Note(s): This class is available for letter grade or pass-no pass only. No auditors. Limit 12 students. Open to sophomores, juniors, seniors, and graduate students.

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BOOK 250: Thesis for the MFA Degree (4 Credits)

Thesis supervision by two-member faculty committee (Book Art and Creative Writing).

Note(s): Book 250 is reserved for graduate students pursuing the MFA in Book Art & Creative Writing. No auditors. Open to graduate students only.

Instructor Consent Required: Y

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BOOK 260: The Material Book (4 Credits)

The book is one of the most successful technologies in history, and one of the most invisible. We never ask ourselves how to operate a book, yet a book is one of the most iconic forms in our daily lives. We will investigate the nature of the book as an object through readings, close examinations of both rare and quotidian books housed in Special Collections, and through some hands-on work. We will look at the linkage between the architecture of the book and reading and writing practice, and we will explore contemporary artists’ books, independent publishing, zines and future possibilities.

Note(s): Open to graduate students only.

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BOOK 261: Seminar in Professional Practice (1 Credits)

This seminar will prepare students for their professional practice in book art. Topics to be explored include issues concerning the design and production of professional-level work, preparation of a professional portfolio and CV, teaching practicum, approaches to involvement in the book art professional community, and various aspects of running a professional book art studio practice. Students will have the option of doing internships, creative projects (fall only), and prep work for conference presentations and exhibitions.

Note(s): Letter Grade only. No auditors Limit 12 students. Open to graduate students only.

Instructor Consent Required: Y

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BOOK 270: Book Art Concentration (2 Credits)

In their third semester students will identify a studio concentration in letterpress, bookbinding or artist’s books. Students in each concentration area will meet together with faculty throughout the semester to support the development of their thesis projects.

Prerequisite(s): BOOK 217 and BOOK 220

Note(s): This course is only open to MFA in Book Art students during the Fall of their second year. Limit 12 students. Open to graduate students only.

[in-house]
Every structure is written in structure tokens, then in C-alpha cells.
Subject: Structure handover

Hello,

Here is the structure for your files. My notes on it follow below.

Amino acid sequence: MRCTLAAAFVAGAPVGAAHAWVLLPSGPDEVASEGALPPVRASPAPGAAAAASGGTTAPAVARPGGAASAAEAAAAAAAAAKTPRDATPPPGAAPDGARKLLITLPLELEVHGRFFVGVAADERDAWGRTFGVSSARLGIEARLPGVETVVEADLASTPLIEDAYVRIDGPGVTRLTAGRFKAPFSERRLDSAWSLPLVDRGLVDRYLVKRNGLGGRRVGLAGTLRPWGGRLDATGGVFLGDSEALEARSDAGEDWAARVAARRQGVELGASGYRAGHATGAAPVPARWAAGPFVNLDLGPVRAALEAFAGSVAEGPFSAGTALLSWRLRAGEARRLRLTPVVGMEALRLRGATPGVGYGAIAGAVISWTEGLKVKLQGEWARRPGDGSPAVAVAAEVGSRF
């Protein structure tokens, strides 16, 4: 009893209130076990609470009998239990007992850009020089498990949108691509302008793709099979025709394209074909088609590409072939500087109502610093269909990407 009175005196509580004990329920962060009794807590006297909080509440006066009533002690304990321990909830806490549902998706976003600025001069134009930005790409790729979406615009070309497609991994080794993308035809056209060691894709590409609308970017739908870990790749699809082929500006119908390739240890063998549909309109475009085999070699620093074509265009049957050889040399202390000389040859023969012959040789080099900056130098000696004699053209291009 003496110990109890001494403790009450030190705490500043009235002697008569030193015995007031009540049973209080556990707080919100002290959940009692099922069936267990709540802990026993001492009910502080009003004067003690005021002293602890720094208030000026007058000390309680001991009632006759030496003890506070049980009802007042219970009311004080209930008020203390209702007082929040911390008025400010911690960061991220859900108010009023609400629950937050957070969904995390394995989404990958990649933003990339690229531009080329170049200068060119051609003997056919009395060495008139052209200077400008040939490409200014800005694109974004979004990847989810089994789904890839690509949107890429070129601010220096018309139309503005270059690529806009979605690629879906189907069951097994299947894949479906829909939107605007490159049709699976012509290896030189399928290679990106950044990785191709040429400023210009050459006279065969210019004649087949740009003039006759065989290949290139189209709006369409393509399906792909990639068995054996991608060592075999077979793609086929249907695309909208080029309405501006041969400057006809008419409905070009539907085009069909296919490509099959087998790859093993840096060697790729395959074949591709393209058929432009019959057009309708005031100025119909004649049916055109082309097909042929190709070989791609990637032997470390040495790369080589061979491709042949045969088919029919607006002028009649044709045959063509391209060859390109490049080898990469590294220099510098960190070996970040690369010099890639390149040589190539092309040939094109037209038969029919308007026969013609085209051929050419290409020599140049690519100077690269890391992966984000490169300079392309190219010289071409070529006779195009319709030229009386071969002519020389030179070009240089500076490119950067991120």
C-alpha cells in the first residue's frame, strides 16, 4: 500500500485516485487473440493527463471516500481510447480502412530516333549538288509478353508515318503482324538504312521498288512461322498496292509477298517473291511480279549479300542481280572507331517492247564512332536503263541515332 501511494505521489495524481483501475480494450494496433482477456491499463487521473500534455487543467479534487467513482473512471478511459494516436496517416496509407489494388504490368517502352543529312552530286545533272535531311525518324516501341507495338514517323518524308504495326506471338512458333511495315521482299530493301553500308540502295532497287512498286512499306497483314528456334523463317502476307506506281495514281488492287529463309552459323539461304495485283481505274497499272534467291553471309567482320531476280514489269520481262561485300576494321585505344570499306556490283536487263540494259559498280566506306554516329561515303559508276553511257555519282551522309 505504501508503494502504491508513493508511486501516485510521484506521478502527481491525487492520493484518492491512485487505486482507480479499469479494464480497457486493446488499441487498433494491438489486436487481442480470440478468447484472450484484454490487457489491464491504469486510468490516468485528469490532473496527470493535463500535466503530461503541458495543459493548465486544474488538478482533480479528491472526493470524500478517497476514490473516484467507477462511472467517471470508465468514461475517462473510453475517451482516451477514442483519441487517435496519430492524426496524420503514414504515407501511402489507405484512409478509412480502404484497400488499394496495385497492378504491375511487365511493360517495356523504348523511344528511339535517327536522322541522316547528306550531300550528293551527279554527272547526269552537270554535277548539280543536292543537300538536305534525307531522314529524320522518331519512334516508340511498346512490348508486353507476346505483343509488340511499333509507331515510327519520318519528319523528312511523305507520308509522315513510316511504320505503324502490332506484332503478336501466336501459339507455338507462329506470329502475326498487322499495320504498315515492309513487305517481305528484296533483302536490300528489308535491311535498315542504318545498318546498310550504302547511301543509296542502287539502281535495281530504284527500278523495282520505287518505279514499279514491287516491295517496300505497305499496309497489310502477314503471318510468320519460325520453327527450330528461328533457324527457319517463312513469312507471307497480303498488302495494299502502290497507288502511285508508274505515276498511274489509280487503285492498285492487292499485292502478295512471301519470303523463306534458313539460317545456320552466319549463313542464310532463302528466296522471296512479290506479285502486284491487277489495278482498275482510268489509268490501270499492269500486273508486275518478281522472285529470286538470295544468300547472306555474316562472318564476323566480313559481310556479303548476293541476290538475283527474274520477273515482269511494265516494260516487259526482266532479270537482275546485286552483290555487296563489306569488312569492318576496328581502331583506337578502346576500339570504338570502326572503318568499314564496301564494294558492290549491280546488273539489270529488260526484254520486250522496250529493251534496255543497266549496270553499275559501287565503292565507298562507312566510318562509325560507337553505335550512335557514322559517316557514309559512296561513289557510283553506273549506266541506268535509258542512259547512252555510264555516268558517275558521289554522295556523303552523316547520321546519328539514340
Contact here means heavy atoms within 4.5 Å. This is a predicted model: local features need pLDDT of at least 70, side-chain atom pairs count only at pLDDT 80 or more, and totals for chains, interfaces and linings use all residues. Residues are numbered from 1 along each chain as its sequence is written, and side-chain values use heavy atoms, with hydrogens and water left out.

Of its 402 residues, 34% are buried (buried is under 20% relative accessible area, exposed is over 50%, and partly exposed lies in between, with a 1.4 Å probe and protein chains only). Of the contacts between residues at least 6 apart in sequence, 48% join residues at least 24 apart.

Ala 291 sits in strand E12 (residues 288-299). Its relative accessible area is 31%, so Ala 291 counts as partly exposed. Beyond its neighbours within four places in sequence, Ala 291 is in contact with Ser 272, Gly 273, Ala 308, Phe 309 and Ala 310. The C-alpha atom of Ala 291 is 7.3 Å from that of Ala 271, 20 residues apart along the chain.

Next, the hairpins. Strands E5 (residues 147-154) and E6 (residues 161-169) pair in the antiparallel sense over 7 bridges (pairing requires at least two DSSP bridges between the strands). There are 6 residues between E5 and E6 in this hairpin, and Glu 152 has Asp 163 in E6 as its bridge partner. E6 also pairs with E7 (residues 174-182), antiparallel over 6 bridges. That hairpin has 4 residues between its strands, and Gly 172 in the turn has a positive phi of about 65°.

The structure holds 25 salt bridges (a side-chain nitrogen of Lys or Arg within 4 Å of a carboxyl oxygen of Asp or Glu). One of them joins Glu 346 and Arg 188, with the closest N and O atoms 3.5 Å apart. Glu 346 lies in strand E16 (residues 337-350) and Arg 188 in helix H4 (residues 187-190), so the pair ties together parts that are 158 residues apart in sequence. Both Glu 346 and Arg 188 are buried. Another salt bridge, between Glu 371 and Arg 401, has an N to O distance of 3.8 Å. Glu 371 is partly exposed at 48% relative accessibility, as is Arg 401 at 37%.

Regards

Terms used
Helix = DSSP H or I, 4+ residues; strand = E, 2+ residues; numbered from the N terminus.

Instructor Consent Required: Y

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BOOK 275: Bay Area Partnerships (4 Credits)

Students will work with a faculty mentor to identify a Bay Area institution where they will complete a creative or scholarly internship. Students will propose a plan of activities and responsibilities, will complete a contract and will make a final presentation.

Prerequisite(s): BOOK 217 and BOOK 220

Note(s): This course is only open to MFA in Book Art students. Limit 12 students. Open to graduate students only.

Instructor Consent Required: Y

View Course Goals

BOOK 280AS: Paris in public & private; Voicing innovation in the 1920s (3-4 Credits)

Paris in post-war 1920s was a vibrant center of experimentation. Writers, artists and musicians challenged notions of gender, sexuality and, for U.S. expatriates, American conceptions about race, through their lives and creative work. This hybrid seminar-studio class will combine hands-on work in the book art studios with reading, discussion and the completion of creative projects. We will use the important resources of Mills’ Special Collections as a lens into the Modernist movement in art, performance and the ‘new world’ of printing and publishing by women. Field trips, guest artists

BOOK 284: Books as Multiples: Publishing on the Letterpress (4 Credits)

What is the connection between content and its physical form? How does meaning shift when its form changes? What does it mean to publish a book? How are form and content linked in your own work? Students will produce books in editions (multiples) in the letterpress studio as well as digitally as we investigate the ways text, image, and print come together in traditional and contemporary books. We will examine the history of print technologies, look at the work of today’s independent publishers, and explore the future of the book. Field trips, guest artists, and workshops will be included.

Note(s): No auditors Limit 12 students. Open to sophomores, juniors, seniors, and graduate students.

View Course Goals